This is a topic that has divided the world of training since Nautilus first introduced their new-fangled machines to the world of exercises.
There are those proponents who think, ‘Free weights don’t maximize your gains, man!’. While there are those who choose the ‘If it’s not on a bar, I’m not going to lift it’ approach to training.
But, who is right? What does the science say?
In this article, we’re going to weigh in on the argument to help you, our loyal lifters, make the most of your workouts.
If you talk to any trainer, in any gym, on any day of the week, they’re going to take a divided stance on this point.
There are the ‘functional’ trainers, who believe all machines (that aren’t on a pivoting cable) are the devil. Whereas there are the most traditional bodybuilding trainers, who swear their life by them.
And, there is everyone else who sits at some point between on that spectrum. Which is probably where you are plotted somewhere.
This argument is making a lot of noise in the industry, even more so as of late, so we want to give you a solid, scientific approach, away from the rest of the Internet ‘Bros’.
So, what are we looking at, and why?
Completing free weight exercises does two things:
So, the argument on this side of the coin is that Free Weights are the best possible option to make the most of your workout. And, to an extent, they’re not wrong.
You use up to 50% more calories by completing free weight exercises , while activating more of the overall muscle. This allows you to
Which goes to show that free-weights provide a lot of benefits, with few drawbacks. They help make you stronger, build bigger muscles, put on lean muscle mass, and get leaner.
This happens because your body has to stabilize more to do the movement.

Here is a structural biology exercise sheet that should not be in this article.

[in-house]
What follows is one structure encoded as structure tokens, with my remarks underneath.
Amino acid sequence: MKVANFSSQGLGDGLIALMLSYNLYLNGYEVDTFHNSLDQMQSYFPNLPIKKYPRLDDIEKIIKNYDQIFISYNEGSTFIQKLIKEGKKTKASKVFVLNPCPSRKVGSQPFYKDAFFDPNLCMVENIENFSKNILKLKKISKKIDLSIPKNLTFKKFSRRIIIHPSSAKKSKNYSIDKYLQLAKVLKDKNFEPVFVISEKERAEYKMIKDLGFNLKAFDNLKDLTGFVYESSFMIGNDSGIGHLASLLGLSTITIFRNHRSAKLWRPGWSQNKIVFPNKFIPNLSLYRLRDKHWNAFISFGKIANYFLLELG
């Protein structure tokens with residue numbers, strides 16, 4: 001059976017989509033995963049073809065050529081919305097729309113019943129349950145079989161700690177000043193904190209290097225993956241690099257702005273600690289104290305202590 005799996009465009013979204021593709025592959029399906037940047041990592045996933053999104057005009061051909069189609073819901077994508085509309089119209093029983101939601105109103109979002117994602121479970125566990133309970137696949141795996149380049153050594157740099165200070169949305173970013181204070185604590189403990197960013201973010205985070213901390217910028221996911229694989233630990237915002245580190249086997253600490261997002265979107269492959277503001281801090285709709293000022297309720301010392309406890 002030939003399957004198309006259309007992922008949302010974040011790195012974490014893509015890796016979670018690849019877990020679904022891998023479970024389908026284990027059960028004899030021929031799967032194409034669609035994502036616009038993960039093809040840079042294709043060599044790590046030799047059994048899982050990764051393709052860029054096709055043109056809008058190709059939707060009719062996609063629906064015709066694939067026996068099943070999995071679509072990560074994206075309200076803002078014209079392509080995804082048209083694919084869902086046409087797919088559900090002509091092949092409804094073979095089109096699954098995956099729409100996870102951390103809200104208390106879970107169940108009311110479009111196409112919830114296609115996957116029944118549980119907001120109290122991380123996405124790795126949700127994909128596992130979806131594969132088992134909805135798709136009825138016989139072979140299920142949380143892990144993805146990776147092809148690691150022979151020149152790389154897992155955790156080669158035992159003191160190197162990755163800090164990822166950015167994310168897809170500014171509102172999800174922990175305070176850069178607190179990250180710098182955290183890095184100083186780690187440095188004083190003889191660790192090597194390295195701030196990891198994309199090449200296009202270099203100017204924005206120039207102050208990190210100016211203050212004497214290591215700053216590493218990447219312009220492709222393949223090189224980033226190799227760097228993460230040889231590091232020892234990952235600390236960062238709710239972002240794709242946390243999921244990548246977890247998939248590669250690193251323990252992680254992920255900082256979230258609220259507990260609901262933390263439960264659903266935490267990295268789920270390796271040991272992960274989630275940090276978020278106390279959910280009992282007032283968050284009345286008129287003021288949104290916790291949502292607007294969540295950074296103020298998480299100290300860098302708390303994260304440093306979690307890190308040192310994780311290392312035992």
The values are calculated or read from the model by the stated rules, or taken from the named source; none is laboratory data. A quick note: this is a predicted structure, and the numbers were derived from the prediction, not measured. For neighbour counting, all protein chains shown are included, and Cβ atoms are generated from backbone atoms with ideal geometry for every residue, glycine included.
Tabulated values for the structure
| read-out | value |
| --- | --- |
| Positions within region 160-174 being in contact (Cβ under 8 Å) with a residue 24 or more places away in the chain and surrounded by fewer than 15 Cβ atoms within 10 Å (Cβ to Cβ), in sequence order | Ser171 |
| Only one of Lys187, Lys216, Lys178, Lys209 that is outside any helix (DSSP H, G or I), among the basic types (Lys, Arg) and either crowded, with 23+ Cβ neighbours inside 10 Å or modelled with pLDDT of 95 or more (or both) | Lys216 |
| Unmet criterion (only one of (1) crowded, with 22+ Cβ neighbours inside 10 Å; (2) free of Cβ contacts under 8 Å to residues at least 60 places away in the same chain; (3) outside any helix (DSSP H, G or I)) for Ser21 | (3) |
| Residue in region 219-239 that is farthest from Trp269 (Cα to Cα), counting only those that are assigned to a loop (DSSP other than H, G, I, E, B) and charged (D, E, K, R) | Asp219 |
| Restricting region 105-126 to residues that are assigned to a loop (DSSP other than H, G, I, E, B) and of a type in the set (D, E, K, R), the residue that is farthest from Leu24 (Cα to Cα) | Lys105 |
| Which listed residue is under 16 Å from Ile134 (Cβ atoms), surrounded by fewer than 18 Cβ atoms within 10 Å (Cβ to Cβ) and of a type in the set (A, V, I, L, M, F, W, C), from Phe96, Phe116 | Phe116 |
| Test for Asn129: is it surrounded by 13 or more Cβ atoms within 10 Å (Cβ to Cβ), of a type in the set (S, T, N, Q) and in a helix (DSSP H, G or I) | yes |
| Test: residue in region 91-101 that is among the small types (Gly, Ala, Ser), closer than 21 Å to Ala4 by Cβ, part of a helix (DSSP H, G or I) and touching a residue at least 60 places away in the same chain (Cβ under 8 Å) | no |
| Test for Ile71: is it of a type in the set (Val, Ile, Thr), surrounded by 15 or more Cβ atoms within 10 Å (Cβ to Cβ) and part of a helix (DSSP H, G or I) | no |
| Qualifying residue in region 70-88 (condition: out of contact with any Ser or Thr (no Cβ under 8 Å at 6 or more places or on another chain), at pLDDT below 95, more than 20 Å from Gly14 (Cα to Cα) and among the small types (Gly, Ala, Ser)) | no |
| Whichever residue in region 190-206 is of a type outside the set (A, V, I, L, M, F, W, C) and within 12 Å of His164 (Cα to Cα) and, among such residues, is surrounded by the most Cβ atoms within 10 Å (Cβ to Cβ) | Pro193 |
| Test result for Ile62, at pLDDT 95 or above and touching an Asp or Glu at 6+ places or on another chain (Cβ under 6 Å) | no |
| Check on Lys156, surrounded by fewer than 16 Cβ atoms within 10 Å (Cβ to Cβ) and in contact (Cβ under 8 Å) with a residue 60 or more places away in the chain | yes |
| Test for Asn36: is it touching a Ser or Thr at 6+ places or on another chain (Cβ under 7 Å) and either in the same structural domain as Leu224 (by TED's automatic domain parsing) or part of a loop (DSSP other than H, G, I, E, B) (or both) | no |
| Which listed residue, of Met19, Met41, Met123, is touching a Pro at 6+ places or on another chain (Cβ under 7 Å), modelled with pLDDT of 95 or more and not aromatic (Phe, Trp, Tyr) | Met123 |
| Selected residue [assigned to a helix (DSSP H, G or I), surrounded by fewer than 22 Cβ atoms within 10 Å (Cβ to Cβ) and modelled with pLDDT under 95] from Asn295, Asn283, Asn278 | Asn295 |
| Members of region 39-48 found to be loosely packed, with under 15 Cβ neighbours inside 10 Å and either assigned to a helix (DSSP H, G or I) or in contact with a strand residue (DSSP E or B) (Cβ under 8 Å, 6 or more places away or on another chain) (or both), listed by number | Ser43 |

This is because, well, there is a whole lot of difference in having a 200lbs Olympic bar on your back than a 200lbs leg press underneath you. Your body has to work a whole lot harder to deal with that level of stress. Not to mention the effect it has on your core .
So, if free-weights provide the most bang for your buck – what do machines have to offer?
Machine weights are the targeted approach to training. They’re designed to make the most of that particular muscle and increase the training load there specifically.
For example, a squat might do the most overall for your legs. But, a leg extension will have a greater effect on your rectus femoris (The ‘big’ bit of your quads).
They also remove the effects on stabilizer muscles, by withdrawing them from the movement altogether. The muscles surrounding the ‘target’ muscles aren’t required to aid in the movement, so they do less.
This has a couple of benefits:
And, these are benefits you’re going to want for certain goals.
Which brings us perfectly around to our verdict.
So, which training method do we think is most effective?
Well, that gives us the opportunity to give you the most common (and honest) answer in the whole of fitness.
It depends on your training goal. It depends on how long you’ve been training. It depends on what you’re looking to achieve. Your injuries and your overall training history. There is no ‘cookie cutter’ approach to training, so it’s all down to you.
The science shows benefits to both sides of the argument.
But, the argument strongly favors Free Weight training. And, we see more carry-over benefits to the rest of your life than using machines.
Focus 80% of your training on the all-important free weight exercises. Then, spend the other 20% working on your problem areas by using machines.
What do you think? Which side are you one: free weights or machines?
More Reading: Beginner Training Programs
 Physiologic and Metabolic Responses to a Continuous Functional Resistance Exercise Workout – Lagally, Kristen M; Cordero, Jeanine; Good, Jon; Brown, Dale D; McCaw, Steven T
 Hormonal Responses to Different Resistance Exercise Schemes of Similar Total Volume – Uchida, Marco C1,2; Crewther, Blair T3; Ugrinowitsch, Carlos4; Bacurau, Reury Frank P5; Moriscot, Anselmo S1; Aoki, Marcelo S5
 A Comparison of Muscle Activation Between a Smith Machine and Free Weight Bench Press – Schick, Evan E; Coburn, Jared W; Brown, Lee E; Judelson, Daniel A; Khamoui, Andy V; Tran, Tai T; Uribe, Brandon P
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Building muscle after 50 years of age (and older) is entirely possible with the right training program and proper nutrition. It’s never too late to transform your body and increase your strength. Follow these tips to make it happen!